The average plasma 25(OH)D levels in male and females were 44.5 ± 10 nmol/l and 31.1 ± 12 nmol/l, respectively. However, when female 25(OH)D levels were categorized according to dress styles, the averages became 40.3, 31.3 and 28.5 nmol/l for the Western style, Hijab and Niqab groups, respectively (Table 2). These 25(OH)D levels were significantly less than those of males (p < 0.05, 0.001, 0.001, respectively). In addition, the plasma 25(OH)D levels of the western style group was significantly higher than those of Hijab and Niqab groups (p < 0.001) (Table 2).

Table 2 Plasma levels of 25(OH)D and calcium among Jordanians

The frequency of dairy consumption was the only observed significant factor on 25(OH)D levels and in males group only (p < 0.01). The average plasma 25(OH)D level in males of high frequency dairy consumption was 48.1 ± 11.3 nmol/l compared to 43 ± 8.3 and 37.3 ± 7.8 nmol/l, for the middle and low frequency dairy consumption, respectively. None of the other dietary factors showed any dependency on the 25(OH)D levels in our studied males or females population.

Although the average of plasma calcium concentrations were within the reference range (2.12-2.63 mmol/l), males plasma calcium levels were significantly higher than those of Hijab and Niqab dressed females (p < 0.01). There was no difference in plasma calcium concentrations between Western style, Hijab, and Niqab dressed female groups (p > 0.05) (Table 2).

Since vitamin D deficiency and insufficiency depends on the cutoff values, the frequency and distribution of plasma 25(OH)D levels are presented in Table 3. More than 90% of our studied healthy population have 25(OH)D of < 50 nmol/l. If categorized, 76% of males plasma 25(OH)D levels were below < 50 nmol/l versus 90%, 98.6% and 100% of Western style, Hijab, and Niqab dressed female groups, respectively.

Table 3 Distribution of 25(OH)D levels in plasma according to gender and females dress style


Since the latitude of Amman, Jordan is 31°N, cutaneous Vitamin D3 synthesis should be sufficient all year round [15]. However, this is not the case in Jordanian males or Western dress style females. Cutaneous Vitamin D3 synthesis starts with UVB (290-315 nm) exposure. UVB converts 7-dehydrocholesterol to pre-vitamin D3 which is then converted to vitamin D3 by thermal isomerization. Continued skin exposure to UVB radiation, however, can result in the breakdown of pre-vitamin D3 and vitamin D3 to inactive photoproducts [21]. This process is thought to be a regulatory process of vitamin D synthesis [22]. Therefore, excess sun exposure can lead to inactive photoproduct and a decrease in vitamin D status. In addition, levels of UVB reaching the skin site for vitamin D synthesis can be attenuated by clothing, sunscreen, or skin's melanin content [2124]. In the present study, although Jordanian males and Western dress style females were shown to possess significantly higher vitamin D levels than those of low sun exposure females (Hijab and Niqab dressed females), nonetheless, 80% of the former groups have insufficient levels (<50 nmol/l). Therefore, several reasons other than sun exposure could be involved in such reduction of vitamin D levels.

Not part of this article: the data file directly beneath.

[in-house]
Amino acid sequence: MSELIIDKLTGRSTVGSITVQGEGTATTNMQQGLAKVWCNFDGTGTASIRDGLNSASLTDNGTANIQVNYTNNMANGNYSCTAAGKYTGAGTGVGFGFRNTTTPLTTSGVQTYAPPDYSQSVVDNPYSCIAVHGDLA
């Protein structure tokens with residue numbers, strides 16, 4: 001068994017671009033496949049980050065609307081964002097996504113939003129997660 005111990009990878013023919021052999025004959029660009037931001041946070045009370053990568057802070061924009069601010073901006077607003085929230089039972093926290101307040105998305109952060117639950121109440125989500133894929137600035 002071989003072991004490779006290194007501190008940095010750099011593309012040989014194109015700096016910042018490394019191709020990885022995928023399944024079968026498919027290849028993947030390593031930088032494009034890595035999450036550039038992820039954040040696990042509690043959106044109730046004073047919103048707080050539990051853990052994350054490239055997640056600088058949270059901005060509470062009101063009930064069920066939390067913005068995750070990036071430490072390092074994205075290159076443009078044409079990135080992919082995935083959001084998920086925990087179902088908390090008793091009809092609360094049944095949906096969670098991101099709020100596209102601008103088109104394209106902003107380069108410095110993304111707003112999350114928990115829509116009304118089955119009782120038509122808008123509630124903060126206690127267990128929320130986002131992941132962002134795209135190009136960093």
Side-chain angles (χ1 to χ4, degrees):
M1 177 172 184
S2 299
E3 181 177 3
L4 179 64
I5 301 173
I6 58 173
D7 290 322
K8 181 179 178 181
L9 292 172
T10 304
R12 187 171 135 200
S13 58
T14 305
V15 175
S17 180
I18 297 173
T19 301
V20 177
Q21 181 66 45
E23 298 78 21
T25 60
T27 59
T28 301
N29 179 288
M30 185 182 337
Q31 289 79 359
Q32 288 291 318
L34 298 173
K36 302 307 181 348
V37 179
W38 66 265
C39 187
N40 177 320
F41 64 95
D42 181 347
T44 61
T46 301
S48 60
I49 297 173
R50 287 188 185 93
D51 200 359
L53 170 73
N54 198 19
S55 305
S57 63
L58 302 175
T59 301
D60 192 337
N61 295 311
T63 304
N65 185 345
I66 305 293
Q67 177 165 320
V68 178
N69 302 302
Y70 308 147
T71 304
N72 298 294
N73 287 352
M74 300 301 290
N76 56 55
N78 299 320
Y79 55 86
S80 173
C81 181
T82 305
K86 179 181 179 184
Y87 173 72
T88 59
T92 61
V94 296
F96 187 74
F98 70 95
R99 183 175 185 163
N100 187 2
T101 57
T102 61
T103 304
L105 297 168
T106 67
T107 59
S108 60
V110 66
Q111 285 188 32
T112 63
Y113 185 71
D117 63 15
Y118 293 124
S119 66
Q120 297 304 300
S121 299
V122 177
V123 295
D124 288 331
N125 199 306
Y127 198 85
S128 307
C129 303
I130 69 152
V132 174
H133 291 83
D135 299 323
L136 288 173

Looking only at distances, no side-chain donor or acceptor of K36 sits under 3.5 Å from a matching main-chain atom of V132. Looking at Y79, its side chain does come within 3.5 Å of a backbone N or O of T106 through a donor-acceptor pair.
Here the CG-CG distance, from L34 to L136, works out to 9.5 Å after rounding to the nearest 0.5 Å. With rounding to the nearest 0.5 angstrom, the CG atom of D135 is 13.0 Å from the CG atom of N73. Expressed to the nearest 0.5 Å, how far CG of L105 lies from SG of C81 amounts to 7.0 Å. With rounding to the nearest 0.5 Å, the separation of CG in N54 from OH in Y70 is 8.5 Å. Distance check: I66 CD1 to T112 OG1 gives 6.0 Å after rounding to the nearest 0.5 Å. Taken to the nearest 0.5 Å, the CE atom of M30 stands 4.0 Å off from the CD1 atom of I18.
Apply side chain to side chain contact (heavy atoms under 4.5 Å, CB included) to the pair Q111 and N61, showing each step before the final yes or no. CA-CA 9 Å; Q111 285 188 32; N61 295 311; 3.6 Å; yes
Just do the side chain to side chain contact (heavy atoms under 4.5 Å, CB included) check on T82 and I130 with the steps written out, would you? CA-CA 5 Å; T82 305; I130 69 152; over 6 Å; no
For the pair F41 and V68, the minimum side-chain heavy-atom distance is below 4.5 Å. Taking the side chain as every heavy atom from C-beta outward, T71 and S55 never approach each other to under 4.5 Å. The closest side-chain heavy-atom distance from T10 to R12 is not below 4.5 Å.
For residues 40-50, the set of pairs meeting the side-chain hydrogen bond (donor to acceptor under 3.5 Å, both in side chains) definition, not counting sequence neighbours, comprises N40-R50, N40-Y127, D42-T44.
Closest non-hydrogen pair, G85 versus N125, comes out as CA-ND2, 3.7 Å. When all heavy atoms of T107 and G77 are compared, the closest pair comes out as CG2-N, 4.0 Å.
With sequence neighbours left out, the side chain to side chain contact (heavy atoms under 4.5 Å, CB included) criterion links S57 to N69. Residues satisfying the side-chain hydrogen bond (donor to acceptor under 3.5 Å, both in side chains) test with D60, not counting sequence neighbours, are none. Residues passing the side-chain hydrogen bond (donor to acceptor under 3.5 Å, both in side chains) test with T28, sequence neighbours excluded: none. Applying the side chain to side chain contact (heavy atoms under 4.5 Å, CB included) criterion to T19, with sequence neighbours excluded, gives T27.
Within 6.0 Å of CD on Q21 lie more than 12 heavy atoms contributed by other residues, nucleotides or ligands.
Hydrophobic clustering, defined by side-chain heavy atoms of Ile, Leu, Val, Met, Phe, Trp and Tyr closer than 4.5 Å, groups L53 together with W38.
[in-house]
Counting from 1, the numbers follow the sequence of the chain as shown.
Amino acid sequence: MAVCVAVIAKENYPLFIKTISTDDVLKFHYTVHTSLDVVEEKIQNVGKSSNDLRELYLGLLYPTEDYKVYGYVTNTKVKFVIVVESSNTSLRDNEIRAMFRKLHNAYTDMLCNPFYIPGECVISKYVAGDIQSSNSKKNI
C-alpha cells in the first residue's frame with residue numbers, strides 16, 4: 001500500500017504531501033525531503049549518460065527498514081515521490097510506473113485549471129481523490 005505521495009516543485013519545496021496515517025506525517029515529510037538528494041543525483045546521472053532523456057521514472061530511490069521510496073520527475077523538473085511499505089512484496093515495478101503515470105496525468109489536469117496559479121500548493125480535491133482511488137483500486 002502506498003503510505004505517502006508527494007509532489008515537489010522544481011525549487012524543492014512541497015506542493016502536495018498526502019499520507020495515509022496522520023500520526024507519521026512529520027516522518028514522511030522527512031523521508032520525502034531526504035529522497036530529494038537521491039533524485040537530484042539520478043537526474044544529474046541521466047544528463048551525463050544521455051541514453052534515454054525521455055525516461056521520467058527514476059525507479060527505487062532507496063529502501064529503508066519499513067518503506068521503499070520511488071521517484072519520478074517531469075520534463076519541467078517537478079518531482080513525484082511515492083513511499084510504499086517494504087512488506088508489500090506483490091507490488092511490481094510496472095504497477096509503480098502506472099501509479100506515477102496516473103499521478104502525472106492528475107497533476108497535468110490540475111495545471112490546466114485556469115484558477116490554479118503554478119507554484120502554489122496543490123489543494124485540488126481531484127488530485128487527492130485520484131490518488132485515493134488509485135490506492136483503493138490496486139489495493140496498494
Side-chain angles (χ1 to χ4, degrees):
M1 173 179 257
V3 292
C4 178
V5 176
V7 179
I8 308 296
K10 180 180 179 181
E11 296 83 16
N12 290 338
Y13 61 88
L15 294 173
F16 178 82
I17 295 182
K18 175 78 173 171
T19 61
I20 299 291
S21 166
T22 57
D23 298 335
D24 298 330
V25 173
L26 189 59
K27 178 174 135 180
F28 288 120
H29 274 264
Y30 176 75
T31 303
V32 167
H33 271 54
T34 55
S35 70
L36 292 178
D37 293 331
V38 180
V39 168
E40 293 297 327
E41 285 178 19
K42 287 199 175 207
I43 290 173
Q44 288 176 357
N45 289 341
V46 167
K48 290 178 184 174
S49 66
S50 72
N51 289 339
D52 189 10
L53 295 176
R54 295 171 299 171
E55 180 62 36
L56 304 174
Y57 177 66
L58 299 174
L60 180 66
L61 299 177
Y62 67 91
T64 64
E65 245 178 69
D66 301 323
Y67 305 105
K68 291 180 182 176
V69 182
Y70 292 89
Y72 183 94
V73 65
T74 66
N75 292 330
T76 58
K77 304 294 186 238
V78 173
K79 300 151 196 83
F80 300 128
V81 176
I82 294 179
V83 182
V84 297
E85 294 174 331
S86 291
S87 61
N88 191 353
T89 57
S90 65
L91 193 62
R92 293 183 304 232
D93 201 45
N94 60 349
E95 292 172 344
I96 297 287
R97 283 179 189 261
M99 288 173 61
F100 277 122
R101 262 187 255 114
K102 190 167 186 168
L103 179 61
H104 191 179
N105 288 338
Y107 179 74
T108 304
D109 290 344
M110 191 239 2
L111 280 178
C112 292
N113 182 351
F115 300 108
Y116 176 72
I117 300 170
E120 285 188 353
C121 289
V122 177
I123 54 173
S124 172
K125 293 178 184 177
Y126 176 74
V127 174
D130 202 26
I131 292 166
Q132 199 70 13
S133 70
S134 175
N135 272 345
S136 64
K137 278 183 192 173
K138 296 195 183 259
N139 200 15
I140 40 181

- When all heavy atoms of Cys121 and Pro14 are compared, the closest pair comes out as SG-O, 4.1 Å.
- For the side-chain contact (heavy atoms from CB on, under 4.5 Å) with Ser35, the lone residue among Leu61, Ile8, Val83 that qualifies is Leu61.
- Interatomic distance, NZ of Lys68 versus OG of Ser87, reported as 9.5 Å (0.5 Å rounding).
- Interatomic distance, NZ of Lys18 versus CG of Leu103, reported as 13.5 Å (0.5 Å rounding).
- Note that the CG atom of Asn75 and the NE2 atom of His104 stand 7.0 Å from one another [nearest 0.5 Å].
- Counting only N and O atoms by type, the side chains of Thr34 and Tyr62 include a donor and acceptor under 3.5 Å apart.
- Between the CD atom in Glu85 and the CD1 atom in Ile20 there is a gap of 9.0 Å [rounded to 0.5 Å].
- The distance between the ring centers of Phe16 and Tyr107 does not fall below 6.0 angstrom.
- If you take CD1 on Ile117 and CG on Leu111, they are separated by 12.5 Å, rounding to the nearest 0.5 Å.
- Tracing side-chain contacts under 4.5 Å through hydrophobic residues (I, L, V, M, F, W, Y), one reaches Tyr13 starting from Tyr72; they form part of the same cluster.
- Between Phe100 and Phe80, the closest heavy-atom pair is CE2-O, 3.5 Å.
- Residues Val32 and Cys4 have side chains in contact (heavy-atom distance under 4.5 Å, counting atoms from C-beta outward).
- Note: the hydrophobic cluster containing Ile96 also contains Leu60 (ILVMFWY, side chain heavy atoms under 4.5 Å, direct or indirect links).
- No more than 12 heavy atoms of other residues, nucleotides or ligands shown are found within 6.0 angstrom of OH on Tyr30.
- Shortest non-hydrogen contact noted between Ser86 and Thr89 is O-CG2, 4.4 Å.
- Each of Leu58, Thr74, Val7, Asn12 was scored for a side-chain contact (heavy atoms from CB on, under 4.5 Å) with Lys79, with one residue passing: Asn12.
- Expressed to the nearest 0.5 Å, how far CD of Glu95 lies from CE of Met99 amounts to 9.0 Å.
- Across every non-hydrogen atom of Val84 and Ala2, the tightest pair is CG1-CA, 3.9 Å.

Jordanians and Middle-Eastern in general have darker skin textures i.e reflecting higher melanin production in response to UV radiation. Melanin absorbs electromagnatic radiation and competes with 7-dehydrocholesterol for UVB photons [25]. The latter may be one of the reasons of low vitamin D status among Jordanians and other Middle-Eastern countries that are located below 35°N of the equator [2630].

Vitamin D status is also affected by seasons especially in areas of high latitude (>40°N). It has been demonstrated that measuring 25(OH) D levels in the summer is relatively higher than winter times [21, 31]. However, this is also associated with the latitude of the city or the country where the study is performed. For instance, people living at 23.5-66.5° latitude may lack sufficient UVB to synthesize vitamin D during one month of the whole year, whereas other studies reported that below 35° the UVB exposure is enough for vitamin D synthesis throughout the year [28, 31]. In addition, Jordan wintertime starts mid of January [28, 29]. Therefore, the timing of the current study should not be the reason of the low levels seen for 25(OH) D.